DBS Bank has raised its sustainable finance target to SGD50 billion by 2024, accelerating its sustainability agenda in helping customers incorporate sustainable business practices into their overall business strategy.
The new commitment reinforces DBS’ efforts in responsible banking which is a key pillar of the Singaporean bank’s approach to sustainability. It also stems from more companies seeking to advance their corporate sustainability agenda through sustainable financing, especially as the Covid-19 pandemic puts sustainability in the spotlight.
Tan Su Shan, Group Head of Institutional Banking, DBS, said that this “never normal” world has become an opportunity for companies to see how they can tackle an expanding range of environmental, social and governance (ESG) challenges, as well as integrate the social and sustainability agenda into their corporate strategy and business practices.
“We thought our earlier target of SGD20 billion for renewable and other green financing would be a stretch and were greatly heartened at the level of customer interest in moving from business-as-usual mode to adopting sustainability in their strategies. Since Covid-19 hit, many companies have actually doubled down on their ESG commitments and we saw a marked increase in the number of corporate interest in sustainable financing,” Tan Su Shan, added.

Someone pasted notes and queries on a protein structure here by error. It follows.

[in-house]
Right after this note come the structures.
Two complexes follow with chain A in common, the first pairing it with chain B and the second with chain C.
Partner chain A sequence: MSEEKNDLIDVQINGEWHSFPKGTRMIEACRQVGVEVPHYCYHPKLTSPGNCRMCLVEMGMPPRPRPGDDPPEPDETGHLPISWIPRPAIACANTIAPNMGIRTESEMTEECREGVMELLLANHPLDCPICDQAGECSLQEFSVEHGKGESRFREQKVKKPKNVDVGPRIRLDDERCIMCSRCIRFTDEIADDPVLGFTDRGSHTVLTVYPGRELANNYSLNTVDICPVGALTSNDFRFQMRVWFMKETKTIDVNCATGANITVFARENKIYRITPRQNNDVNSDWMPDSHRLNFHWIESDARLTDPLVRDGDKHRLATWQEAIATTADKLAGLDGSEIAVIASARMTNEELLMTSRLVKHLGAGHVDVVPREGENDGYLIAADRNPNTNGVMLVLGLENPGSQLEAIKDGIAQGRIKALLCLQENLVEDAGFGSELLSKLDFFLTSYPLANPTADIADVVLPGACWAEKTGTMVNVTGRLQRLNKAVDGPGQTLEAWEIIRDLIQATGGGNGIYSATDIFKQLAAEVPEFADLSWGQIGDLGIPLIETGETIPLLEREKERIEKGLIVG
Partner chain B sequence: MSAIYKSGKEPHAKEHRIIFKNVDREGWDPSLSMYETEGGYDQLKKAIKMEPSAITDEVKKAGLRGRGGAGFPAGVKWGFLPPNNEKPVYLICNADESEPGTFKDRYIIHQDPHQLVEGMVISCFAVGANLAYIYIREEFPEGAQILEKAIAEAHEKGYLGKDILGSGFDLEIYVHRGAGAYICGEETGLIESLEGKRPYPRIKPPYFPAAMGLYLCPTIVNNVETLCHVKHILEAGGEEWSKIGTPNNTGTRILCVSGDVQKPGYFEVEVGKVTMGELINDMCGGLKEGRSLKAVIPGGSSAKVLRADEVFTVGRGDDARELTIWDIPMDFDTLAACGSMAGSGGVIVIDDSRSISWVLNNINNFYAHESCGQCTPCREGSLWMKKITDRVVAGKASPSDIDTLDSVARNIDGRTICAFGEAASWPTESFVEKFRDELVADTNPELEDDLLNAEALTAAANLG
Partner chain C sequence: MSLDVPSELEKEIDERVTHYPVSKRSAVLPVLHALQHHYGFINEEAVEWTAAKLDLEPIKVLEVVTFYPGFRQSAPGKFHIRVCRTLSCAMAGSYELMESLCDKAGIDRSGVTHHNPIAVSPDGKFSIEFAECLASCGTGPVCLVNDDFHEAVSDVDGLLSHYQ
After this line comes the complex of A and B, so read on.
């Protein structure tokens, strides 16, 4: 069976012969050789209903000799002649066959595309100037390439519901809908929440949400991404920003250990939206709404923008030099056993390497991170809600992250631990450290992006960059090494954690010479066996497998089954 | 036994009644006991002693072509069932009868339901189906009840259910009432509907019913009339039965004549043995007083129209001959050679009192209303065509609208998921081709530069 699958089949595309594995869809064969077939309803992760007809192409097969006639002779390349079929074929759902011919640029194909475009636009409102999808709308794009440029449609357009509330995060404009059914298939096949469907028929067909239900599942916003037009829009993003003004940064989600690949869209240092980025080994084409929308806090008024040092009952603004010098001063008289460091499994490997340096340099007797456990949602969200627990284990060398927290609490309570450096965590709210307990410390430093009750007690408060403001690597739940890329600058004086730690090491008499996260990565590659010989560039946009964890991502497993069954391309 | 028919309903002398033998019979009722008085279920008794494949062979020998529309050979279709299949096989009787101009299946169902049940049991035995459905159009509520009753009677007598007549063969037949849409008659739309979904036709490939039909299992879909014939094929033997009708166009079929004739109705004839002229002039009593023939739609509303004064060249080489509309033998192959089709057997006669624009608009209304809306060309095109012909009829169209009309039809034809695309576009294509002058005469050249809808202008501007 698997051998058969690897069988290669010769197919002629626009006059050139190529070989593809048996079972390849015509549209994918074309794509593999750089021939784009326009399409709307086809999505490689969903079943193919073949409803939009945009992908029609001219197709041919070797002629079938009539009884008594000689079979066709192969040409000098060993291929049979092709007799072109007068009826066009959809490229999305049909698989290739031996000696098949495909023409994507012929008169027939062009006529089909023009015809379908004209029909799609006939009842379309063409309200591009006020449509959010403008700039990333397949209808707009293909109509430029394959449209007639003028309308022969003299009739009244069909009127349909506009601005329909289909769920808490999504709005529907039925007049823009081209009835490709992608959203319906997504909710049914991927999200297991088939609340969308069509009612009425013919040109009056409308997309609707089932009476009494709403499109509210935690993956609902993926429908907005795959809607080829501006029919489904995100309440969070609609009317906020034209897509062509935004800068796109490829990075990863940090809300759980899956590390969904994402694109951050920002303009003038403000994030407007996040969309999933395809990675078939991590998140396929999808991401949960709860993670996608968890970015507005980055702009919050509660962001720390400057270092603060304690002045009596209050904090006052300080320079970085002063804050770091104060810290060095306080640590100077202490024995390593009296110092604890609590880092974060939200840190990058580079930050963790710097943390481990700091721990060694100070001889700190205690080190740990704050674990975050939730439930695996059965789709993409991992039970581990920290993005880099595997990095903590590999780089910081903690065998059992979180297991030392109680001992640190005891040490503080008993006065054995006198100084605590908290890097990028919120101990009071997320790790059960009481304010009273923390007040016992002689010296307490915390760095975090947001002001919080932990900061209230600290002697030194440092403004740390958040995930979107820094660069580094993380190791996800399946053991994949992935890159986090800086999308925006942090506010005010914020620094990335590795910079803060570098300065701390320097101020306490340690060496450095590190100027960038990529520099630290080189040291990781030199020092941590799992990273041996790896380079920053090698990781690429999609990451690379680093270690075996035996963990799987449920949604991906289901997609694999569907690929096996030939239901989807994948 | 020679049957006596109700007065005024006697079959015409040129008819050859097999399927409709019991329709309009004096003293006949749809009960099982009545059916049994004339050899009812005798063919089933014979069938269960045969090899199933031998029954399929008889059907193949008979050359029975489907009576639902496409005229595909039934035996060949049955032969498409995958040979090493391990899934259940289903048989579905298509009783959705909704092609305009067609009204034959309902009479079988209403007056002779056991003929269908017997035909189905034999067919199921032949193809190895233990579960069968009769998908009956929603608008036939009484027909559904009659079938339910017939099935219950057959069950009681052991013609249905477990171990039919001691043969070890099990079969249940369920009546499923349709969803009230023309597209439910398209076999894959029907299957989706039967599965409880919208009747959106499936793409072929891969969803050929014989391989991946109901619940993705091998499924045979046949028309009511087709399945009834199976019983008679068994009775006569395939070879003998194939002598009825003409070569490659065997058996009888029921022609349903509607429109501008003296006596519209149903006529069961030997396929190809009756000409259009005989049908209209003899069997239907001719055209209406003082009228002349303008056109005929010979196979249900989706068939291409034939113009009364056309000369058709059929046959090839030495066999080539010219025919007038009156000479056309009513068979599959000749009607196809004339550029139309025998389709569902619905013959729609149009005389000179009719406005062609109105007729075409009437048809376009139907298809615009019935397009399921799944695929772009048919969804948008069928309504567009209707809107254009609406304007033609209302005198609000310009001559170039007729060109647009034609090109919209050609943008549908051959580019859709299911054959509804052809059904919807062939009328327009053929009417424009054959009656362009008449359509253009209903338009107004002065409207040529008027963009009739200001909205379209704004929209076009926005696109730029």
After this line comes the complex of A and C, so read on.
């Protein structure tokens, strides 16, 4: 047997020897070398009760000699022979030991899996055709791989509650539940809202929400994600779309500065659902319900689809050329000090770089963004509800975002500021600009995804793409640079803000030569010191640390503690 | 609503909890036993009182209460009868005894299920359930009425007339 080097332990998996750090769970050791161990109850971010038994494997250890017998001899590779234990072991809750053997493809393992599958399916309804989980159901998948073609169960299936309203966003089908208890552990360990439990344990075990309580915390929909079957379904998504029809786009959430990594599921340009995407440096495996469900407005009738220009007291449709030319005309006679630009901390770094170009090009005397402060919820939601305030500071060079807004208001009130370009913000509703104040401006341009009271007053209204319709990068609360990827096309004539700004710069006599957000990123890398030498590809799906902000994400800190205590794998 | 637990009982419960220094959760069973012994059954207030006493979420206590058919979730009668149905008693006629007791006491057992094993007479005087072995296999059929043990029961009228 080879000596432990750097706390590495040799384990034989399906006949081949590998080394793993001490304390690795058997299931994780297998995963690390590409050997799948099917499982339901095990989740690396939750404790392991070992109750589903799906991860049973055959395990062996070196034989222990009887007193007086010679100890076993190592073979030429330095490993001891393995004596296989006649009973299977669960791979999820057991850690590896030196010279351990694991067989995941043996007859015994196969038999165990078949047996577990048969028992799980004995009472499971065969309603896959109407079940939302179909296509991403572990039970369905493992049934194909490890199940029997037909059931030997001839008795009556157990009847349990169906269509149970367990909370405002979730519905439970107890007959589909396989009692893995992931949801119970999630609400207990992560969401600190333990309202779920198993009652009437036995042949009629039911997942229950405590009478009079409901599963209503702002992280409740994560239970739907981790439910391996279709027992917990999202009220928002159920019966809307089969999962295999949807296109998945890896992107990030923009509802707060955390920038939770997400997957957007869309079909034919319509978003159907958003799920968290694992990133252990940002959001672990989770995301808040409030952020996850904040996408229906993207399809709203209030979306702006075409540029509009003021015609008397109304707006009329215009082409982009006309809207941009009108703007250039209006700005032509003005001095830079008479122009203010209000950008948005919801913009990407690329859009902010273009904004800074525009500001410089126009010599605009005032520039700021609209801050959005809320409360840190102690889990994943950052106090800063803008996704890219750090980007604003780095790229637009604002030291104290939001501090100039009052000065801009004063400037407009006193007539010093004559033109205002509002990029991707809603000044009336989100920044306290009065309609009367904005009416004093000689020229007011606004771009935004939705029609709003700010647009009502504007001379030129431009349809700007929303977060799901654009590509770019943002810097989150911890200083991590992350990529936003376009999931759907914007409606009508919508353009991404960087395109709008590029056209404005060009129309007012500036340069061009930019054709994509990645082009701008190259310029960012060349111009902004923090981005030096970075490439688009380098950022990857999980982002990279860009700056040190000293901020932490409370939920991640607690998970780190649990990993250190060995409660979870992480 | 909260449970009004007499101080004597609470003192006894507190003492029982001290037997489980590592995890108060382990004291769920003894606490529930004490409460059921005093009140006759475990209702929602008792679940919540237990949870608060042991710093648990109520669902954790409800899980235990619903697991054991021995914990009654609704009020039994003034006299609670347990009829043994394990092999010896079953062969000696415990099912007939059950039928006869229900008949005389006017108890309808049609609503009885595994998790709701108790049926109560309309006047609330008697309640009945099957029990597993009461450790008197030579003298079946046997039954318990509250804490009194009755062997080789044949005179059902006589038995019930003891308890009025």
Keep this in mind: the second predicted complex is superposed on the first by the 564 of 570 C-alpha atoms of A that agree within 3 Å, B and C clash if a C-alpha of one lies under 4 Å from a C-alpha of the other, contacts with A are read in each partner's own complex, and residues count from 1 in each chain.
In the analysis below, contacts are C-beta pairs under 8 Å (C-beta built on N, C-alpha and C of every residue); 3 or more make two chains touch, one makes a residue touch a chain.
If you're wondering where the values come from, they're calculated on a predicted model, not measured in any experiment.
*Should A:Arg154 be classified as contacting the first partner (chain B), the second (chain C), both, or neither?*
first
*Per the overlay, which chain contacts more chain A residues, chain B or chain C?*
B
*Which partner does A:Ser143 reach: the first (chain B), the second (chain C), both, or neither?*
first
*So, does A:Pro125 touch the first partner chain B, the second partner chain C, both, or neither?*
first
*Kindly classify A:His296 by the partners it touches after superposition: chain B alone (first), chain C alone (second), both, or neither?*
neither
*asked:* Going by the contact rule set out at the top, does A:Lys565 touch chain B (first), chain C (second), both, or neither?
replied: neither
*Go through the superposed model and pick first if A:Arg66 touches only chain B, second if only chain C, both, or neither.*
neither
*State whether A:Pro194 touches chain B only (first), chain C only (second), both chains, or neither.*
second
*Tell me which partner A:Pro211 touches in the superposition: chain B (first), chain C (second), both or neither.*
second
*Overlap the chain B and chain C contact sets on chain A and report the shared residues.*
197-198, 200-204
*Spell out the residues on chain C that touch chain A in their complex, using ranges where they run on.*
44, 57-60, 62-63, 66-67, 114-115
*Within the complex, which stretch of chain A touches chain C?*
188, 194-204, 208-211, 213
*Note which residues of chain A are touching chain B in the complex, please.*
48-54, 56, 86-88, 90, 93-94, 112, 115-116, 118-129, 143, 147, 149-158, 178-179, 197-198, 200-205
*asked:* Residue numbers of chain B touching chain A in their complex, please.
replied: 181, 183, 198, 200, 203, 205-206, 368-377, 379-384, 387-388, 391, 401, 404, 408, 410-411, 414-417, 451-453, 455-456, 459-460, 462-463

DBS continues to see a good mix of sustainable financing deals across the markets it operates in, and across sectors. The green loan market continues to be dominated by borrowers in the real estate sector, but the bank is now involved in others such as financing renewable energy equipment makers and electric vehicle battery plants.
To encourage more companies from key industries to transition to a low-carbon economy, DBS is the first Singapore bank to offer transition financing to companies that want to take incremental steps towards reducing carbon footprint. It is the first commercial bank to publish a Sustainable and Transition Finance Framework and Taxonomy, which serves as a reference to guide clients to adapt and build resilience in the face of climate change, resource scarcity and address critical global issues such as income inequality.
Tan added that increasingly, stakeholders also want to understand and measure the value companies create beyond profits and ESG considerations are very much at the forefront now.
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